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MFF 2013’s Closing Night Film Preview: 'Blood Brother'
A man, a search to find himself, an Indian orphanage and a filmmaker.

After 15 glorious, screening-packed days that offered up 241 films (104 features and 137 shorts), playing at three local theaters – the Oriental, the Downer and the Fox-Bay Cinema Grill – the final day of the 2013 Milwaukee Film Festival has sadly arrived.

Last weekend, at an invite-only function where the winners of this year’s festival jury awards were announced, Jonathan Jackson, artistic and executive director of the festival, pointed something out an interesting fact that most festival patrons likely never take into account: It takes a village, and the better part of a year, to program and organize the city’s film festival.

As was the case last year, there were a record number of festival screenings that have gone to rush status (meaning advance tickets are no longer available), including tonight’s closing night film, Blood Brother, from director Steve Hoover, making his directorial debut with this award-winning, critically acclaimed documentary about a young man who traveled to the other side of the world in order to find solace and a purpose, and in the process, found both and so much more.

Five years ago, Pittsburgh native Rocky Braat traveled to India “seeking authenticity.” He was adrift, and hoped that his one-man pilgrimage to the wilds of southern India would prove beneficial. As the old adage goes, “be careful what you wish for…”

During that pilgrimage, Braat reluctantly visited an orphanage that houses children living with HIV/AIDS near Chennai, the capital city of the South India state of Tamil Nadu. So moved by the children and their plight – an interesting development considering that at one point in the film Braat confesses that he previously really didn’t like kids – he eventually ended his sightseeing tour of India earlier than expected and traveled back to the orphanage (which also serves as a shelter for women living with HIV/AIDS) to volunteer his time and services before having to return home to the US thanks to an expired traveling visa.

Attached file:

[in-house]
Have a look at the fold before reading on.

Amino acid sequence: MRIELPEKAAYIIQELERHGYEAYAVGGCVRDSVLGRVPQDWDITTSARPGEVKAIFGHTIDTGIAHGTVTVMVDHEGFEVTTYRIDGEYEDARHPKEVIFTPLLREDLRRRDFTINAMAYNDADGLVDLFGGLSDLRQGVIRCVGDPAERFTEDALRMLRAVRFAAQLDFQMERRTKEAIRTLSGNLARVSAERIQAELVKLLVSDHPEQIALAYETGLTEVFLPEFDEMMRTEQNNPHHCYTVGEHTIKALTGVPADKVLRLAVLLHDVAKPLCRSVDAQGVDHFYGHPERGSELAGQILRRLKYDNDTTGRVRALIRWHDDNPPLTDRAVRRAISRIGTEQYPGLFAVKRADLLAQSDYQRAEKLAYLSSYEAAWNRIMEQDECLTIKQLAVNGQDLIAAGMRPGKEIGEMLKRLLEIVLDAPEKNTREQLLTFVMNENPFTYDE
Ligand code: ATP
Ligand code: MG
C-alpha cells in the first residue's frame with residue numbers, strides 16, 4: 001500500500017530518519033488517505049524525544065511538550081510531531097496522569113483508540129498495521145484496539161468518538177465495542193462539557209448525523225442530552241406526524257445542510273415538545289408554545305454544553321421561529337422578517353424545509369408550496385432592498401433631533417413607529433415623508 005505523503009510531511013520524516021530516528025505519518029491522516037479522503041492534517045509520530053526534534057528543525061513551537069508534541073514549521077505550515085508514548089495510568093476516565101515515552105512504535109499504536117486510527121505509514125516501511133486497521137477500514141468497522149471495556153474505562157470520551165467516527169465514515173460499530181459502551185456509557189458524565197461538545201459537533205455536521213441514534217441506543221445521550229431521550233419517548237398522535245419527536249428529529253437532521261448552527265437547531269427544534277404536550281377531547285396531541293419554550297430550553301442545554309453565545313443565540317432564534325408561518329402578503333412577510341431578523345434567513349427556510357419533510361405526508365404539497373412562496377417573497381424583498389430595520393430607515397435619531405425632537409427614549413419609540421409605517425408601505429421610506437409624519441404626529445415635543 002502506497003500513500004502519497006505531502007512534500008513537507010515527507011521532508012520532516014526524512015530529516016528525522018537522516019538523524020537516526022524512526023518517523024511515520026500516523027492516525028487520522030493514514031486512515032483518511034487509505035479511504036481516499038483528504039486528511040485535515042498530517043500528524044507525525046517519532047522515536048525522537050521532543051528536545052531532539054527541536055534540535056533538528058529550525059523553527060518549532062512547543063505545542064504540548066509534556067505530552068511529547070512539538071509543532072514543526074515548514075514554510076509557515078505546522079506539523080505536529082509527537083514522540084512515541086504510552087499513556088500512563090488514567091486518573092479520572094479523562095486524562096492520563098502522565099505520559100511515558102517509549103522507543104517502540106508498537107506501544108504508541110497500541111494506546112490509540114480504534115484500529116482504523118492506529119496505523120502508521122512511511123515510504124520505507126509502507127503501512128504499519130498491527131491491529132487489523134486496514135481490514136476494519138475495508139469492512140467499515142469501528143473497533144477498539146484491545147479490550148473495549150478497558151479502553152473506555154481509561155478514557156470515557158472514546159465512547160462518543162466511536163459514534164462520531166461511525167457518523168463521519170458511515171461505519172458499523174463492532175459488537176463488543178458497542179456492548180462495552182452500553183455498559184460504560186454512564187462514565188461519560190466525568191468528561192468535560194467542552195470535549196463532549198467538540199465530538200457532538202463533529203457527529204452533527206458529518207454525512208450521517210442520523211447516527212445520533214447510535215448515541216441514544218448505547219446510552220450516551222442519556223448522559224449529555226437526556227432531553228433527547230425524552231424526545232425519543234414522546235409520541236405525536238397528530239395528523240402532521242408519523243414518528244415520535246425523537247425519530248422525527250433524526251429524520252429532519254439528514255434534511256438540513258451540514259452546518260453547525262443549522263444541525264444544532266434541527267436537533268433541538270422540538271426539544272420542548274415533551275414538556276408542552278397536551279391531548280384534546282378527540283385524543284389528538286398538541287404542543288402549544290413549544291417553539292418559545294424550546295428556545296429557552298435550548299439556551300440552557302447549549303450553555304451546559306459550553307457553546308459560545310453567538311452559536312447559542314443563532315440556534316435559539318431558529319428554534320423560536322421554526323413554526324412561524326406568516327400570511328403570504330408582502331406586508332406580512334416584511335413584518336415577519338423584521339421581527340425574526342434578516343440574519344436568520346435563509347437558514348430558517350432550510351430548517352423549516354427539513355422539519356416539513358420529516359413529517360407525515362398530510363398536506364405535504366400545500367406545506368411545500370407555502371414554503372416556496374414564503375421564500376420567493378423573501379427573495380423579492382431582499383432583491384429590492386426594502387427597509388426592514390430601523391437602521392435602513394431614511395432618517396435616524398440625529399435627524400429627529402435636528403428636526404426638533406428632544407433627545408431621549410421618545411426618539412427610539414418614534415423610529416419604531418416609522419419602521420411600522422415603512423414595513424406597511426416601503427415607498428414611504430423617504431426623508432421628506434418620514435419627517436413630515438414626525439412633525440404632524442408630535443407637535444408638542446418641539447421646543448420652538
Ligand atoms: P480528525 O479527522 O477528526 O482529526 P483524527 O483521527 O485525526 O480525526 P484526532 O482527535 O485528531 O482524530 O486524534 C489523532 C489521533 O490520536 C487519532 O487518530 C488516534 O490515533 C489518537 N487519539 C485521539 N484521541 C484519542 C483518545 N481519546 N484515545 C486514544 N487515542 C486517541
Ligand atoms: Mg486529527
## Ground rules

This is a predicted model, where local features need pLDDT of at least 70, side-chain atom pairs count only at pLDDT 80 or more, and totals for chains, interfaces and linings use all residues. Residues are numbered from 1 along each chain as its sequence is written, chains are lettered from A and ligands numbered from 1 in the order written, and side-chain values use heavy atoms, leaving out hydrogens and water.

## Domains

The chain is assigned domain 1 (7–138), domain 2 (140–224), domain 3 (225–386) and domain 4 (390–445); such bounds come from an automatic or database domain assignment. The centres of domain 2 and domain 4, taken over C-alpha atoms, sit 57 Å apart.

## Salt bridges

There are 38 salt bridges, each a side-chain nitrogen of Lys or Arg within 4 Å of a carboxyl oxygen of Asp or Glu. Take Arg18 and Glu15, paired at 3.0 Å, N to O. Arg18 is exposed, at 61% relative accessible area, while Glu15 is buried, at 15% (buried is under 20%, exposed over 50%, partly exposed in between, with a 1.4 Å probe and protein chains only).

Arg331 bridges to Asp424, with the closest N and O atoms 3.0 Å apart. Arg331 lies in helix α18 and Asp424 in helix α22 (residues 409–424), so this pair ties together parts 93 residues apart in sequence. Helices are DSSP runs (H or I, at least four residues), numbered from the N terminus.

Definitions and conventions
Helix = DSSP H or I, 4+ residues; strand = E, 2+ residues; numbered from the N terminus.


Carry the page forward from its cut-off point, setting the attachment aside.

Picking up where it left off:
Within a year of his first visit, Braat returned to India to continue volunteering at the orphanage and encouraged his best friend, Steve Hoover, a professional filmmaker, to pay him a visit. And with that, Blood Brother was born. Footage predating Hoover’s visit is presumably shot by Braat utilizing his camera phone.

The film won both the coveted Audience and Jury Awards (for Documentary) earlier this year at the Sundance International Film Festival, and has collected additional prizes at various film festivals around the world.

In Justin Lowe’s review of the film for Variety, a Hollywood trade publication, he calls the film, “an incisive and compassionate documentary that’s as much a transformative experience for audiences as it was for the filmmakers…Much as Born Into Brothels provided perspective on another population of Indian kids dealing with seemingly insurmountable problems, Blood Brother evokes the inspiration and dedication required to nurture children who might otherwise have no other hope.”

Blood Brother screens tonight at 7:30 p.m. at the historic Oriental Theatre (2230 N. Farwell Ave.). Filmmaker Steve Hoover will be in attendance tonight and will take part in a post-screening Q&A. 

The 93-minute film is not rated.

All advanced tickets have sold out, but rush tickets may be available 15 minutes before the start of the screening for $10 each (cash only, no discounts) on a first-come, first-serve basis.

Check the festival’s website for further details.

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